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[This is the second article in my column, Catalyst]

Yesterday, President Aquino delivered his one-year milestone speech. Among the memorable quotations there, let me quote the following: “Ako man po ay nangangarap na bukas makalawa ay magising tayong may solusyon na sa bawat problemang minana natin. Ngunit alam ko pong mulat din kayo na wala ring maitutulong ang mabilisan, ngunit walang bisang solusyon. Kailangan ang maingat na paglalatag ng reporma, ang pagsigurong epektibo ang ating mga programa, at ang pangmatagalang mga tugon na hindi na magpapamana ng problema sa susunod na salinlahi.”

Rhetoric sometimes coincides with reality. However, many times it hides the opposite reality. Or to say it in another sense, rhetoric substitutes for the reality.

Let me cite a presidential action yesterday, coinciding with the speech. Malacañang published Executive Order No. 47 dated June 23, 2011 reorganizing, renaming and transferring the Commission on Information and Communications Technology (CICT) and its attached agencies to the Department of Science and Technology (DOST). However, three days before, the president appointed Mr. Oliver Chato as CICT commissioner. Poor Mr. Chato only has a few weeks to enjoy his stint.

Executive Order 47 effectively divided the ICT policy formulation, policy recommendation and interconnectivity matters from the ICT industry supervision, regulation, and development. Much of the latter is still with DOTC while the former is now transferred to DOST. This will perpetuate, nay worsen, the current unwieldy and divided handling of ICT.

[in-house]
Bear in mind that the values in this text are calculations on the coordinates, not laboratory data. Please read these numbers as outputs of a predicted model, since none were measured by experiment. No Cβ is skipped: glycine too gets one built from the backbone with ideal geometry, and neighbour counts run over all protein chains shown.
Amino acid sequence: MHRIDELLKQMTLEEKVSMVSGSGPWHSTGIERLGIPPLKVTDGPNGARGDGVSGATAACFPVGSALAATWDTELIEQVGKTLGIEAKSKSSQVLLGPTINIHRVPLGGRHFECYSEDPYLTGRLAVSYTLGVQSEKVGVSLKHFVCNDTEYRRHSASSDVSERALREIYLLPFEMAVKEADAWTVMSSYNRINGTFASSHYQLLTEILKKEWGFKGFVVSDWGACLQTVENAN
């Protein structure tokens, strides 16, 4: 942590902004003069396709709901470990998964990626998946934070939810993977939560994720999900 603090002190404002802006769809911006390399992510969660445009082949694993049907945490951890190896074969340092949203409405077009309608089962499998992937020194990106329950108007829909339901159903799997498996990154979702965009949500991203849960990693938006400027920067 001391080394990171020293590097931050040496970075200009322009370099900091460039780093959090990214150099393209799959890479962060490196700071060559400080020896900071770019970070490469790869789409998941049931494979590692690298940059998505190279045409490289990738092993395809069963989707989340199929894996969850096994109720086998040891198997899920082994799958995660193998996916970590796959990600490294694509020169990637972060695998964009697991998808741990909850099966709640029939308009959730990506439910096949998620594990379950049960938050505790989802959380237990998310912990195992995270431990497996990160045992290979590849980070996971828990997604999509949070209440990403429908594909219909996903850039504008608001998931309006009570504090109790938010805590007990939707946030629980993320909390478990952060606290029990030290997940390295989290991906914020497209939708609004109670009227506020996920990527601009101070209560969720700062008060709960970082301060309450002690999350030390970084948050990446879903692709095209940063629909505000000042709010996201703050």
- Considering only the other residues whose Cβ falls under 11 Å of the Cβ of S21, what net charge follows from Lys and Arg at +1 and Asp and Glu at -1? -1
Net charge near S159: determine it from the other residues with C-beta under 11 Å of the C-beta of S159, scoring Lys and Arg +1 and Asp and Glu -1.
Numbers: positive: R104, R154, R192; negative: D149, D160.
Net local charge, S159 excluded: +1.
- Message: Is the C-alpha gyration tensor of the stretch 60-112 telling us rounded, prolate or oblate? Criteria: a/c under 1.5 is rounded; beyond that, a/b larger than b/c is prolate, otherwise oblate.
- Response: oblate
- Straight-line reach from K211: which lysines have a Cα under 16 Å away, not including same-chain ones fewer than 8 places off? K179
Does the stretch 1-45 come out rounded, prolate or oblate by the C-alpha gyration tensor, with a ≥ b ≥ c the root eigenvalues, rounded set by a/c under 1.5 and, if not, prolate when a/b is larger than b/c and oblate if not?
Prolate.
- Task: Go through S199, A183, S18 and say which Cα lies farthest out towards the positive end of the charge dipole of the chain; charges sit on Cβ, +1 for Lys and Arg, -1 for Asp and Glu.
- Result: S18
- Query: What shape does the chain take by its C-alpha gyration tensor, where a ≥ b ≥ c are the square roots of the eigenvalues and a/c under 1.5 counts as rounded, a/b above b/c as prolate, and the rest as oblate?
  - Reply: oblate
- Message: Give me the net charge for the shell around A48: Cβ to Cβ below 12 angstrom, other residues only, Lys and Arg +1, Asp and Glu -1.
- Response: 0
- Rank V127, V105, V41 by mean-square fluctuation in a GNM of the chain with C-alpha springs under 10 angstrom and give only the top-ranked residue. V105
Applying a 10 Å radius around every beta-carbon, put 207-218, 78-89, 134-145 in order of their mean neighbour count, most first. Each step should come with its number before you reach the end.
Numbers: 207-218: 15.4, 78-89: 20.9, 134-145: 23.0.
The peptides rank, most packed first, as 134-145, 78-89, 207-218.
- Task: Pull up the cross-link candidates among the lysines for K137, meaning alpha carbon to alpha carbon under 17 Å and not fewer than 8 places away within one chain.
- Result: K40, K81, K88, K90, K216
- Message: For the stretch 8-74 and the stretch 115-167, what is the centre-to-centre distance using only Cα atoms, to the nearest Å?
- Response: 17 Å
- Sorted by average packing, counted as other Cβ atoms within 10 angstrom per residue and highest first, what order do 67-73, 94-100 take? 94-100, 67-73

This is also completely opposed to the legislative proposal to establish a Department of Information and Communications Technology that will unify ICT governance. The proposed new department targets to rationalize a fast-rising and vital industry and ensure its continuing growth and contribution to the economy.

The way EO 47 was foisted on the stakeholders—without so much as a public or industry consultation—speaks of haste and lack of deep study. It thus opens to the suspicion that the dynamics that led to the issuance of EO 47 were not so much the dynamics of technical/administrative studies but the dynamics of internal power plays within the President’s own Cabinet.

Evidently, the left hand of the President does not know what his right hand is doing.

However, the problem does not stop there. EO 47 abolished the posts of CICT Chairman and of the commissioners but did not indicate if their functions are being transferred elsewhere. The CICT itself became the Information and Communications Technology Office (ICTO) and is being placed under the policy, technical and administrative supervision of DOST. The ICTO is headed by an Executive Director, with the rank of an Undersecretary, who reports directly to the DOST Secretary.

Now—assuming it is still there—who inherits the functions of the CICT Chair: the DOST Secretary or the ICTO executive director?

Of interest to election watchdogs, who will chair the Comelec Advisory Council on Election Automation, specifically mandated by RA 9369—the Election Automation Law—to be the CICT Chairman? This is of immediate importance because the Comelec has not yet asked the Advisory Council to recommend the technology for the 2013 national and local elections. According to the original Comelec timetable, this should have been done last December 2010 yet.

“Kailangan ang maingat na paglalatag ng reporma, ang pagsigurong epektibo ang ating mga programa.” Executive Order 47 should be rescinded and, along with other proposals such as the DICT, be reviewed again, together with the stakeholders. Simple lang po Mr. President, di ba?

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